There is nothing like a challenge to bring out the best in man. - Sean Connery
Hi Pythonistas, a new week, a new 'bite' of Python coding! This week we let you practice with decorators, a nice way to abstract away common functionality. It allows you to alter the behavior of a callable without modifying the callable itself. We agree with Dan Bader that 'understanding decorators is a milestone for any serious Python programmer.' Enjoy!
Decorators dynamically alter the functionality of a function, method, or class without having to directly use subclasses or change the source code of the function being decorated. (wiki)
It's basically a wrapper and it is a common design pattern.
If you are new to this concept we recommend Dan's nice walk-through he published last week: Python Decorators: A Step-By-Step Introduction.
Another great article is RealPython's Primer on Python Decorators.
In this week's challenge we invite you to come up with useful decorators for yourself or the greater community. We have included a bit of material in our repo to get started.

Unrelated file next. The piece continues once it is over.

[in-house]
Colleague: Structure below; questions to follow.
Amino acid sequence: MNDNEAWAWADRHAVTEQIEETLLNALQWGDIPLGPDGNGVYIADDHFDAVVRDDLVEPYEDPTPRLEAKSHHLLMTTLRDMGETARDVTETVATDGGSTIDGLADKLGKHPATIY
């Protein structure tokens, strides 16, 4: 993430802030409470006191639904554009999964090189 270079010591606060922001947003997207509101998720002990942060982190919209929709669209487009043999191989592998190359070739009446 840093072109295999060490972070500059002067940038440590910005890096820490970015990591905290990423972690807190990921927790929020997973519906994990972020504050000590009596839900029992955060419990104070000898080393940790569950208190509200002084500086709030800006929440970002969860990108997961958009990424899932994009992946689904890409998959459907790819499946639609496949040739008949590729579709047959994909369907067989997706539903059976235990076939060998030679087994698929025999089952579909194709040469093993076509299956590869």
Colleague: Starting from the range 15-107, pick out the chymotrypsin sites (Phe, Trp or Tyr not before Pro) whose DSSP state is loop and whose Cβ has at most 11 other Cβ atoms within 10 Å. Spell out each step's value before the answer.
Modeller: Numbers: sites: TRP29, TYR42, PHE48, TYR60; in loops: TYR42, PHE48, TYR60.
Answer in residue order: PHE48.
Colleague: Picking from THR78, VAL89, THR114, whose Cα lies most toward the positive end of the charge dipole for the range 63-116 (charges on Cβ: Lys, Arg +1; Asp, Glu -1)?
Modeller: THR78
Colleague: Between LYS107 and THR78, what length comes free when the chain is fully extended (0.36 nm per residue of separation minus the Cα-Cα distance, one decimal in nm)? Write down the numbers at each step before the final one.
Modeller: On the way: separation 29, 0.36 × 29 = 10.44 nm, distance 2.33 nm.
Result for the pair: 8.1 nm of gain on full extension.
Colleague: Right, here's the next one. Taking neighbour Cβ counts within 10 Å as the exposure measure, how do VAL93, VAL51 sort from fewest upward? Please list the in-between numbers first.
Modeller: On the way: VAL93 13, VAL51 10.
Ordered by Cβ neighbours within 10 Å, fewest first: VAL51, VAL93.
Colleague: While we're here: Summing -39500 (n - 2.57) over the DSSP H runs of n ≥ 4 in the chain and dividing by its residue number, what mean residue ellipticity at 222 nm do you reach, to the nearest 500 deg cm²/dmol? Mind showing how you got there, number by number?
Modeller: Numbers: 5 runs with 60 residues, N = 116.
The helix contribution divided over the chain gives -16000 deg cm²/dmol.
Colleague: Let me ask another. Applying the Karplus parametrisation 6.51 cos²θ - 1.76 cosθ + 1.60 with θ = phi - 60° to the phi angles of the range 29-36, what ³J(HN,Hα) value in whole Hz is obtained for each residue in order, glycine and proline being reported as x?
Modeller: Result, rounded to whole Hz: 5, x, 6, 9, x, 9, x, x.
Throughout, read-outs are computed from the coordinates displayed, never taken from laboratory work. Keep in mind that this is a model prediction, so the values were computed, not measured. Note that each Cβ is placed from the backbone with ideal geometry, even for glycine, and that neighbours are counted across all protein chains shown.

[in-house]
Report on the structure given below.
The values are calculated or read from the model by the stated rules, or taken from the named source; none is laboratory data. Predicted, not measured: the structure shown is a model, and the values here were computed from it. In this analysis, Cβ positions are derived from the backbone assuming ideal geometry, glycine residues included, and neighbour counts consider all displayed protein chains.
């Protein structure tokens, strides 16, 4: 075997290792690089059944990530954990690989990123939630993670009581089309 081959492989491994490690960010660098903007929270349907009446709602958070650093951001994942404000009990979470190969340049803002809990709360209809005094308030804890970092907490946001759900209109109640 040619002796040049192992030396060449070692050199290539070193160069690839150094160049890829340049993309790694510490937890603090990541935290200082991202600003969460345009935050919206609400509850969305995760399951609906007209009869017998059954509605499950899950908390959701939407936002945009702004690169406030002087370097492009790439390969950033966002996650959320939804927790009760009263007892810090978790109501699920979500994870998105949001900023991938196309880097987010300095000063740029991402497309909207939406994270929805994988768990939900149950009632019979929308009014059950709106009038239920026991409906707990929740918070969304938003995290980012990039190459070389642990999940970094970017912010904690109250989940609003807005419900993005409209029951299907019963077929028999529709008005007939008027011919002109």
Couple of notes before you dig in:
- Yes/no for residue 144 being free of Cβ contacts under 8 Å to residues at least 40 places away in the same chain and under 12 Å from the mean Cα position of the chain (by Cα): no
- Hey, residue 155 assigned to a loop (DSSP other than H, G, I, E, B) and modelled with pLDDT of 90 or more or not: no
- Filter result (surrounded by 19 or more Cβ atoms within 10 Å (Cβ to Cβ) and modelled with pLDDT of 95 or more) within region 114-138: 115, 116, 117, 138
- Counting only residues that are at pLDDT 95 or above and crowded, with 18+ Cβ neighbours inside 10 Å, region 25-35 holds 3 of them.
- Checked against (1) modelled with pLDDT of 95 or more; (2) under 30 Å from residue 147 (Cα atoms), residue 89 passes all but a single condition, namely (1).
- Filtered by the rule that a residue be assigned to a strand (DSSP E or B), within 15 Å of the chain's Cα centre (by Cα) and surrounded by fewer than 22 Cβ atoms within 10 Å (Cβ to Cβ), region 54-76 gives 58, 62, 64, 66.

Tomorrow we will post an article on how to write decorators that take optional arguments. This caused us some pain, but we got it working. It might be useful to write more flexible decorators. Stay tuned ...
See our INSTALL doc how to fork our challenges repo to get cracking. If you want to share your solution do a PR and we will add it to our community branch and link to it in our end-of-the-week review.
Last but not least: there is no best solution, only learning more and better Python. Good luck!
Keep Calm and Code in Python!
-- Bob and Julian
Do you want to get 250+ concise and applicable Python tips in an ebook that will cost you less than 10 bucks (future updates included), check it out here.
"The discussions are succinct yet thorough enough to give you a solid grasp of the particular problem. I just wish I would have had this book when I started learning Python." - Daniel H
"Bob and Julian are the masters at aggregating these small snippets of code that can really make certain aspects of coding easier." - Jesse B
"This is now my favourite first Python go-to reference." - Anthony L
"Do you ever go on one of those cooking websites for a recipe and have to scroll for what feels like an eternity to get to the ingredients and the 4 steps the recipe actually takes? This is the opposite of that." - Sergio S